Germany's defence minister favours shrinking its army by more than a third and suspending compulsory national service, government sources said on Friday.
Germany, is among invasion forces in Afghanistan, is working on five different models for overhauling the armed forces, or Bundeswehr, in order to cut defence costs and modernise the military.
Defence Minister Karl-Theodor zu Guttenberg favours a scheme that would see the size of the armed forces reduced to 163,500 from around 250,000 at present, according to the sources.
Nearly all troops would be professionals, with a small programme of about 7,500 short-term volunteers remaining in place of the 60,000 troops that now consist of men fulfilling a requirement to serve for six months.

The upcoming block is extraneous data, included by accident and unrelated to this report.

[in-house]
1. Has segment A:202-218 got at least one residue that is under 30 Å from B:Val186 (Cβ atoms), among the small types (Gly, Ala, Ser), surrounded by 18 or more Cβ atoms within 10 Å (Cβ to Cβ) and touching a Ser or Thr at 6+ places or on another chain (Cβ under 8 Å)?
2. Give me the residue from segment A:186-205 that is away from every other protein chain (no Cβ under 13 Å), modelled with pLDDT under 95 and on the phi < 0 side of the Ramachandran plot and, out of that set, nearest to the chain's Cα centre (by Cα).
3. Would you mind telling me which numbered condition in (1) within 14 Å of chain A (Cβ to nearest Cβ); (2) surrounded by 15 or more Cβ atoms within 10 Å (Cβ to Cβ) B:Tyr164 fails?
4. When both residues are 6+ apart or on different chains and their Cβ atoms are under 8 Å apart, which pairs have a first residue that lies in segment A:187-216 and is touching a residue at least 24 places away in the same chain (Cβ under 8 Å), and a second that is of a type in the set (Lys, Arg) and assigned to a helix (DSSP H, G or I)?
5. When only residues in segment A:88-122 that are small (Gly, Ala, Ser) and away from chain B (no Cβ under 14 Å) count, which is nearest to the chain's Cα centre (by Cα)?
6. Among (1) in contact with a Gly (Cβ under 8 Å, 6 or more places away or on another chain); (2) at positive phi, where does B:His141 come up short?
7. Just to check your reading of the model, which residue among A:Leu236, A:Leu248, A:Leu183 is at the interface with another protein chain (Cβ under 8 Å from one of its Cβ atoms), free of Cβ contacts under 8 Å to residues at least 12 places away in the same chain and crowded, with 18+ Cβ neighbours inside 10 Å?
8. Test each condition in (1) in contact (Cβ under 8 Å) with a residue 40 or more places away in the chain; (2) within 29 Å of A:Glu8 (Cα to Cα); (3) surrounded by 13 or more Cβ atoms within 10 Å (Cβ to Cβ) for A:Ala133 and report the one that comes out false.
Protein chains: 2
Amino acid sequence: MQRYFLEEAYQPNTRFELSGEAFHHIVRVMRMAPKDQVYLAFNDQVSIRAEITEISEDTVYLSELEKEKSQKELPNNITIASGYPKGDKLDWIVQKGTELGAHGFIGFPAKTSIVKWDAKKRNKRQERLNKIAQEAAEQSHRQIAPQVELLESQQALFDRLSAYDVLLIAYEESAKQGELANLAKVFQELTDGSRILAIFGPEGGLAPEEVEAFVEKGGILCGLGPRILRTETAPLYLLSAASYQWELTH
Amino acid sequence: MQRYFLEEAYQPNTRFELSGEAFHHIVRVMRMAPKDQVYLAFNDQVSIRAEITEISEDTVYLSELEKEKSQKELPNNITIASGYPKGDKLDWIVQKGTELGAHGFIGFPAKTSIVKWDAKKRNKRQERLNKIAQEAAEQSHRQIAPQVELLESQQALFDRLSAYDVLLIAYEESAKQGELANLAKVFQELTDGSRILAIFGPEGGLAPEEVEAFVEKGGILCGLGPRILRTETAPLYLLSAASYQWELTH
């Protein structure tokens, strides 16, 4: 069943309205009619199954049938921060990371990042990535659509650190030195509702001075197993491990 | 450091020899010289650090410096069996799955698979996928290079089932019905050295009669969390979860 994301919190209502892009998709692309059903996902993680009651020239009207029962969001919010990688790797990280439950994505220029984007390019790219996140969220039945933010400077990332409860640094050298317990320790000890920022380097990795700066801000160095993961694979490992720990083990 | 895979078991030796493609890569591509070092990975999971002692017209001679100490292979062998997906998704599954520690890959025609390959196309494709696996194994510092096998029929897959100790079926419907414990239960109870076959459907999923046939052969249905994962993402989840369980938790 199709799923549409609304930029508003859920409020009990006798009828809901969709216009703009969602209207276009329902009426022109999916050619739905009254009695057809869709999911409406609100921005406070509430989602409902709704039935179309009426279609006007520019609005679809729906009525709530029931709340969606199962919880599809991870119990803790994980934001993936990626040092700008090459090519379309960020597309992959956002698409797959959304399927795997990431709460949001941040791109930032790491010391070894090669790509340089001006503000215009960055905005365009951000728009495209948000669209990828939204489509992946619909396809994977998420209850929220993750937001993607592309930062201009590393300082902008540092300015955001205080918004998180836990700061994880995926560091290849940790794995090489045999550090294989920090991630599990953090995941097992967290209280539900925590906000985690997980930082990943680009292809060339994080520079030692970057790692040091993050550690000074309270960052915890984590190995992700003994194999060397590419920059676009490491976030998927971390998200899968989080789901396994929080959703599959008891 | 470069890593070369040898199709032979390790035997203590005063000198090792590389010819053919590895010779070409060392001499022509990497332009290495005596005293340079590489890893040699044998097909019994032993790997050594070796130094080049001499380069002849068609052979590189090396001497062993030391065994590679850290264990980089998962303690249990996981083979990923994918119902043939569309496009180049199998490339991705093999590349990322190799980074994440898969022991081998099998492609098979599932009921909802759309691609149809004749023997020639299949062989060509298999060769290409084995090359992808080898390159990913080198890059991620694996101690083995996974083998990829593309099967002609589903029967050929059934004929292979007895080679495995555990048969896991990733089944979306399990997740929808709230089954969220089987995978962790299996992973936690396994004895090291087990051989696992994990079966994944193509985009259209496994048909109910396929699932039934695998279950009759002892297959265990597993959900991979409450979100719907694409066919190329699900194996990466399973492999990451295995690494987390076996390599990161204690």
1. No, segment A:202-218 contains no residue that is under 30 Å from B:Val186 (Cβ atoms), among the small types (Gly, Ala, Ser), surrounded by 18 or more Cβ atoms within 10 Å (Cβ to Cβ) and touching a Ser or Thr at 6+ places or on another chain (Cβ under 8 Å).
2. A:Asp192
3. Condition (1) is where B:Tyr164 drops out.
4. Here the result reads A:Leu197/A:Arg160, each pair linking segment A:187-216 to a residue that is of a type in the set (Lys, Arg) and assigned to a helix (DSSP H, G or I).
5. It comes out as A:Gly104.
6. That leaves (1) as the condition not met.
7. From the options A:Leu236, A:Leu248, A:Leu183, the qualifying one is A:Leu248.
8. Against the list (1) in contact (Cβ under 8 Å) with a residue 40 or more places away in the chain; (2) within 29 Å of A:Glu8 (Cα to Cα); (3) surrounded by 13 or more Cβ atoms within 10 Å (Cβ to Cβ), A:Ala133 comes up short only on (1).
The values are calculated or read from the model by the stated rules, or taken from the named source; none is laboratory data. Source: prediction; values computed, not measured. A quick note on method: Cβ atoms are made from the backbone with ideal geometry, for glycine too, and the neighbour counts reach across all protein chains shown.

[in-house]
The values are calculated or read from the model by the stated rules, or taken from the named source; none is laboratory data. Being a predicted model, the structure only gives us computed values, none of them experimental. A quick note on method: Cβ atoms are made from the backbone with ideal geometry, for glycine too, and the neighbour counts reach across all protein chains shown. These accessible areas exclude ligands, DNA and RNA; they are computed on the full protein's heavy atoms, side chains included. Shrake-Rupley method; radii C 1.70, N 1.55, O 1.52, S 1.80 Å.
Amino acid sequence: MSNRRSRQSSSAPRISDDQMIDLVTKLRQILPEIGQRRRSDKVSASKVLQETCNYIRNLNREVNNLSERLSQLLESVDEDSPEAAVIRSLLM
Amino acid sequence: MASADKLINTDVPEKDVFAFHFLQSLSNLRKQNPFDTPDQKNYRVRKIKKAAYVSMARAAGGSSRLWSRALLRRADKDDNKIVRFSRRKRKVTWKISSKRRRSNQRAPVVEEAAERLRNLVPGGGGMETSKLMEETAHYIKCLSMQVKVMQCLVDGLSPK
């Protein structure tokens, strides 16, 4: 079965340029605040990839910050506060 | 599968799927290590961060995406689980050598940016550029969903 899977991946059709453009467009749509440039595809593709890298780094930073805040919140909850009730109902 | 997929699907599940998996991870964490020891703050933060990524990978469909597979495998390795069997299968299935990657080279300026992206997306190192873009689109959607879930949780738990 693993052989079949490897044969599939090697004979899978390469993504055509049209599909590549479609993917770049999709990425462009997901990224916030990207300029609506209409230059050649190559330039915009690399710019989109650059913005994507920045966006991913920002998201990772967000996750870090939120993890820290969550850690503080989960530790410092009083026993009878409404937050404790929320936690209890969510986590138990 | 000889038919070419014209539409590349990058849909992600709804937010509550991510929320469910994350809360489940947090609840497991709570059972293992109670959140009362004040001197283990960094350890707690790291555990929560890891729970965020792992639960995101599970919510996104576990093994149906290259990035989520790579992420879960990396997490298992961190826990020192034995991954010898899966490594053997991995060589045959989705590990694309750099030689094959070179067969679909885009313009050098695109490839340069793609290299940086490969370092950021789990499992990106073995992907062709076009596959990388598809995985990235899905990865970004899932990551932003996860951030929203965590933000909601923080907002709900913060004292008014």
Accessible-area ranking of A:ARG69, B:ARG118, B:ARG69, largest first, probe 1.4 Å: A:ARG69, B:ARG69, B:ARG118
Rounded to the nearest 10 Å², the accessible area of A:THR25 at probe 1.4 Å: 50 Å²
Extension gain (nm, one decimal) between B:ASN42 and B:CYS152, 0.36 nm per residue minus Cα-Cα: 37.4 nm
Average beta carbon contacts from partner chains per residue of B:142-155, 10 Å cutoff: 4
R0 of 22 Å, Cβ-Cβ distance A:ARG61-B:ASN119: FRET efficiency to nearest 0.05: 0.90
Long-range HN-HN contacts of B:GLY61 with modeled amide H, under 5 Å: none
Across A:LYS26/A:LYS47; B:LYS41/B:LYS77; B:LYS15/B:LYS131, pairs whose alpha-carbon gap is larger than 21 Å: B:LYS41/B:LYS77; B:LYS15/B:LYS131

The ministry declined to comment on the figures.
Until the fall of the Berlin Wall in 1989, the Federal Republic shied away from participation in armed conflicts and foreign deployment of the army was limited to humanitarian aid.
Today Germany has some 6,700 troops stationed abroad.
Guttenberg's preference would not necessarily seal the army's fate, which has been the focus of heated debate within the ruling centre-right coalition.
Many within Chancellor Angela Merkel's conservatives want to keep mandatory military service, while the pro-business Free Democrats (FDP) want to abolish it. The model favoured by Guttenberg would not formally abolish but rather suspend it.
The minister is due to present the models to the government's defence experts on Aug. 23.
ReutersLast Mod: 14 Ağustos 2010, 14:37